The world's oldest Jewish cemetery just went online.
new project undertaken by the City of David archeological Park, located
south of Jerusalem's Old City and at the foot of the Mount of Olives
cemetery, has begun the process of identifying and documenting
tombstones throughout the entirety of the Mount of Olives and uploading
the data to the Web.
Tens of thousands of graves on the mount have already been
mapped and incorporated into a database, in the first-ever attempt to
restore the graves and record the history of those who were buried
there. The project includes the creation of a Web site
(www.mountofolives.co.il) that aims to raise awareness of the City of
David and to honor the memory of those buried in the cemetery, as well
as to inform about the tours and activities available.
Additionally, the Web site tells stories of the people buried
in the cemetery and, through a simple search window, one can locate the
documented graves by name.
"We hope that this Web site will give people all
over the world the opportunity to remove the dust of generations from
the graves of their loved ones, and to both restore and reveal the
stories buried underground," Udi Ragones, the public relations director
for the project, told The Jerusalem Post on Thursday.
"There's so much history there, so many stories, that this
project is fascinating both from a personal perspective as well as an
historical one," he said.
more than 20,000 gravestones have already been documented, organizers
estimate that there are between 200,000 and 300,000 in the cemetery,
which leaves an enormous amount of work left to be done.
The already documented graves include those of the reviver of
the Hebrew language, Eliezer Ben-Yehuda, Nobel Prize for Literature
laureate Shai Agnon, former prime minister Menachem Begin, Hadassah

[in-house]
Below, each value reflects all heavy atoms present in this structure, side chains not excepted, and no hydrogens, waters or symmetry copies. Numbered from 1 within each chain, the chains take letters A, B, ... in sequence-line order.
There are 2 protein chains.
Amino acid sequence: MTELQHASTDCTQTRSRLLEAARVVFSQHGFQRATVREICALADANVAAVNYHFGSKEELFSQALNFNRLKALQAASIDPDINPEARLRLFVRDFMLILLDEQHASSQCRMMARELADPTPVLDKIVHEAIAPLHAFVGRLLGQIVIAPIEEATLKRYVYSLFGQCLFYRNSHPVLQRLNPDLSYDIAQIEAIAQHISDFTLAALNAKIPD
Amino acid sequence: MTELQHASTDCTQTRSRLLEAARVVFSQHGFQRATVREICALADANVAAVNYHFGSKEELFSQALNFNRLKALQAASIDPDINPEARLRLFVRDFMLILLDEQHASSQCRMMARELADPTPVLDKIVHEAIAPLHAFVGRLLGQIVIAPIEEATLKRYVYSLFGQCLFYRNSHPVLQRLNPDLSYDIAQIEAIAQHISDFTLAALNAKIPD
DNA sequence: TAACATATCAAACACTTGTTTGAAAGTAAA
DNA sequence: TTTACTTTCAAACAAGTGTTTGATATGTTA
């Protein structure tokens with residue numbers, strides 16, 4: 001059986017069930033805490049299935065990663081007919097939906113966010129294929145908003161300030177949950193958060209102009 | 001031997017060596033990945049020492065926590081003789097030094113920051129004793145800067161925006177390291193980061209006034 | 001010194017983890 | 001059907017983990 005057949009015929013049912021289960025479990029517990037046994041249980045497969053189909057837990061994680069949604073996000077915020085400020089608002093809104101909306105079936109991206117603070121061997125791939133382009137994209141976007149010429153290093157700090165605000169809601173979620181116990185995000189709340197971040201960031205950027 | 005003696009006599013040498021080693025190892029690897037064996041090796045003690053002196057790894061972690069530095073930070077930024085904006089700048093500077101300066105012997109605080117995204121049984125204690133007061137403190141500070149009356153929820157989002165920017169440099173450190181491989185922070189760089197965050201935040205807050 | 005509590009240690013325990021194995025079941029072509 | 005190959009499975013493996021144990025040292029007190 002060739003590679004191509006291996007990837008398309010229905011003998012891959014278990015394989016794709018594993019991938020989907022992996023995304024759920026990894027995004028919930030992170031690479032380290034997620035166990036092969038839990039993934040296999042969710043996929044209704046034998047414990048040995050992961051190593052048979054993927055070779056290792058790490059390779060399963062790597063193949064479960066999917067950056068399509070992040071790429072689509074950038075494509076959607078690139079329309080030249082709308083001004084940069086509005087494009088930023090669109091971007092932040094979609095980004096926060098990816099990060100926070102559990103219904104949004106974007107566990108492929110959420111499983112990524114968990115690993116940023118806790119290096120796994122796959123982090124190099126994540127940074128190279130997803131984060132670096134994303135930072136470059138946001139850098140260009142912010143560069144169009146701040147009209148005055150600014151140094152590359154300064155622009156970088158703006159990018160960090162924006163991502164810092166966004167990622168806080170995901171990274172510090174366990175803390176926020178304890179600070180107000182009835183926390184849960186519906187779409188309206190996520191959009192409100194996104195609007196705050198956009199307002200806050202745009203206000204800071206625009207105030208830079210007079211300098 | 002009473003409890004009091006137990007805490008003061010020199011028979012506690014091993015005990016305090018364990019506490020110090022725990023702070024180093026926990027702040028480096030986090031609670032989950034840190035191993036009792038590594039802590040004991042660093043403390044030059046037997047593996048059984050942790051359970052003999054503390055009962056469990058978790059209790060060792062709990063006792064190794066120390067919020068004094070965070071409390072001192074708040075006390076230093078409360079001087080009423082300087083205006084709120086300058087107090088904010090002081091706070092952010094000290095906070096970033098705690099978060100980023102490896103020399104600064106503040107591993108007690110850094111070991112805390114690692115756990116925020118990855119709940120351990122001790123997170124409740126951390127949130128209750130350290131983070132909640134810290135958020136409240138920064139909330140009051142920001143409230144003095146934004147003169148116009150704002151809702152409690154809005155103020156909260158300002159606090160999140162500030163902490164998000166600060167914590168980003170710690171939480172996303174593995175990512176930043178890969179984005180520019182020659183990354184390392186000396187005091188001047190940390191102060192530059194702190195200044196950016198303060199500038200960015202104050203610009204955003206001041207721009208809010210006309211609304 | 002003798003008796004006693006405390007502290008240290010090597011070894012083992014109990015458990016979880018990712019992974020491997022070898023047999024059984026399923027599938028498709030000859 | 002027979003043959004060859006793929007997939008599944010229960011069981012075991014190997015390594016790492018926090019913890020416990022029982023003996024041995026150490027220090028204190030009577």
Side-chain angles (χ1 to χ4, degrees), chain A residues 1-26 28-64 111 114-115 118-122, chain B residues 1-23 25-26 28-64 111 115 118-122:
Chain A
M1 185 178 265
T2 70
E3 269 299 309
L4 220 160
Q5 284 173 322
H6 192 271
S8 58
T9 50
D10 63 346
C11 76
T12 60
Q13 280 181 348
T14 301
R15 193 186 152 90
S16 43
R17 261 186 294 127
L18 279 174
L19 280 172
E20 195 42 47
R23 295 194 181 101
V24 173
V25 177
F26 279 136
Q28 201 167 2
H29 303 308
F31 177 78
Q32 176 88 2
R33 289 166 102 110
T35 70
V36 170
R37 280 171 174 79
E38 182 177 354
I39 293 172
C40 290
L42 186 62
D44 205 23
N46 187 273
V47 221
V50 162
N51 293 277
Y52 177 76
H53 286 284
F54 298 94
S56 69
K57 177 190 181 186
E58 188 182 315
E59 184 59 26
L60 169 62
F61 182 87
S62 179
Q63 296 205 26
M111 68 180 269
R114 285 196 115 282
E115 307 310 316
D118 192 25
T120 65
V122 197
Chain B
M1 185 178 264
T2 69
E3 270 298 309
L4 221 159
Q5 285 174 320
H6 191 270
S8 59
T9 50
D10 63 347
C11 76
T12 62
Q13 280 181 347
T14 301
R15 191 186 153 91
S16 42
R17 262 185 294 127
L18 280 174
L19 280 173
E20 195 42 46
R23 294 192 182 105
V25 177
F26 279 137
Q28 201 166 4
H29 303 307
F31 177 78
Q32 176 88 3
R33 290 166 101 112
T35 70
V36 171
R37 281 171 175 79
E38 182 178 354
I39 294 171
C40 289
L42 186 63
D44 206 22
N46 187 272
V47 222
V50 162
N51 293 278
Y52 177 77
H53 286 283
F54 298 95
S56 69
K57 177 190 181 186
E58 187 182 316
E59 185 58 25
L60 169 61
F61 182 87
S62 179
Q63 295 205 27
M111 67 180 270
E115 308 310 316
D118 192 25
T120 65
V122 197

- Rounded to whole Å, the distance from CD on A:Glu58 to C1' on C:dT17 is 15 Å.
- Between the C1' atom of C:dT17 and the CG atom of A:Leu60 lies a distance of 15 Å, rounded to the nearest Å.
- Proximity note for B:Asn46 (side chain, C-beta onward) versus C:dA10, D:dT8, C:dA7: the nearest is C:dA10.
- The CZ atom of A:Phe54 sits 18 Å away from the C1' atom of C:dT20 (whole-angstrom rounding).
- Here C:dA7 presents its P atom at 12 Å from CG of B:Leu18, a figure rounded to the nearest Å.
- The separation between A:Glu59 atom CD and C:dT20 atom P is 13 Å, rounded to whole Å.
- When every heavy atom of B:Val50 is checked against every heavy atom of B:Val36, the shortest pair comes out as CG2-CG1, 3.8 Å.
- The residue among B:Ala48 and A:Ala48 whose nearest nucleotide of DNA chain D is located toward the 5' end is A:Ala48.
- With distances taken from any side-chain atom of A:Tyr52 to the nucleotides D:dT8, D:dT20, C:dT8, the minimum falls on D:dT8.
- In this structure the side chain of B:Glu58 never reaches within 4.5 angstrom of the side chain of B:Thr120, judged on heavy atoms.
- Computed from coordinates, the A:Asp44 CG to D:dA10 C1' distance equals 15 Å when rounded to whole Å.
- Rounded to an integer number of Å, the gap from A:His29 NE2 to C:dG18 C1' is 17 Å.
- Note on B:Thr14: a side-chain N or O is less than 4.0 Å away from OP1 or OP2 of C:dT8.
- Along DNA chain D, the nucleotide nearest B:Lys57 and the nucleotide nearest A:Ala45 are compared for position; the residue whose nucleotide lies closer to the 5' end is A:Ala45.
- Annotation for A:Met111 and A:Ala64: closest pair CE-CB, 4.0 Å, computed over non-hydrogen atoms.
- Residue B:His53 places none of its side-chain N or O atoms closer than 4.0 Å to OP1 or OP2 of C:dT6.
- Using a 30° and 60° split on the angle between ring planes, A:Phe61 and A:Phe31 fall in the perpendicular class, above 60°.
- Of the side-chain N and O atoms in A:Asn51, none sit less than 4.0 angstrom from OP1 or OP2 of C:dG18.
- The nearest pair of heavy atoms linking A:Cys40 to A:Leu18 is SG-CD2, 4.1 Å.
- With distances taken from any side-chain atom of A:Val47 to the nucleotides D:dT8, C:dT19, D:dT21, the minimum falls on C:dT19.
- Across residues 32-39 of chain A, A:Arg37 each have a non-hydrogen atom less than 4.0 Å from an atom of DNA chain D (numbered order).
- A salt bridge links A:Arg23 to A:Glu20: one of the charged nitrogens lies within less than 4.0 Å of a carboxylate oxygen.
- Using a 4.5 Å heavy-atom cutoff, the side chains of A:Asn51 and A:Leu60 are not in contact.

Women's Organization founder Henrietta Szold, founder of the Bezalel
Art School Boris Schatz, Chaim ben Moses ibn Attar, also known as the
Ohr ha-Chaim after his popular commentary on the Torah, and Rabbi
Avraham Yitzhak Kook, the first Ashkenazi chief rabbi of the British
Burial on the Mount of Olives dates back around 3,000 years, to
the First and Second Temple periods, and continues to this day. Under
Jordanian rule, from 1948-1967, the cemetery was badly vandalized.
Tombstones were destroyed, broken and uprooted and many were used to
pave the floors of Jordanian army encampments.
During this time, a road was paved from the top of the mountain
southward, and the road to Jericho was widened, all on top of graves.
After the Six Day War, the cemetery was slowly restored. Yet
until now, there has been no major effort to map and record the graves
and to decipher and restore the names on all the tombstones.
The number of grave-sites listed on the Web site continues to
grow, as workers identify them and pinpoint their location on the map.
The site allows users to visit the cemetery through the use of a
zoomable aerial photo of the Mount of Olives and a photo of each grave.
Every name listed includes the available information about that
person and a photograph, with the option for the user to upload more
data and photos about their loved ones and acquaintances who are buried
on the mount.
The Web site also lets visitors create a tourist map and route
of the graves that they wish to visit that can be printed complete with
driving and parking instructions.
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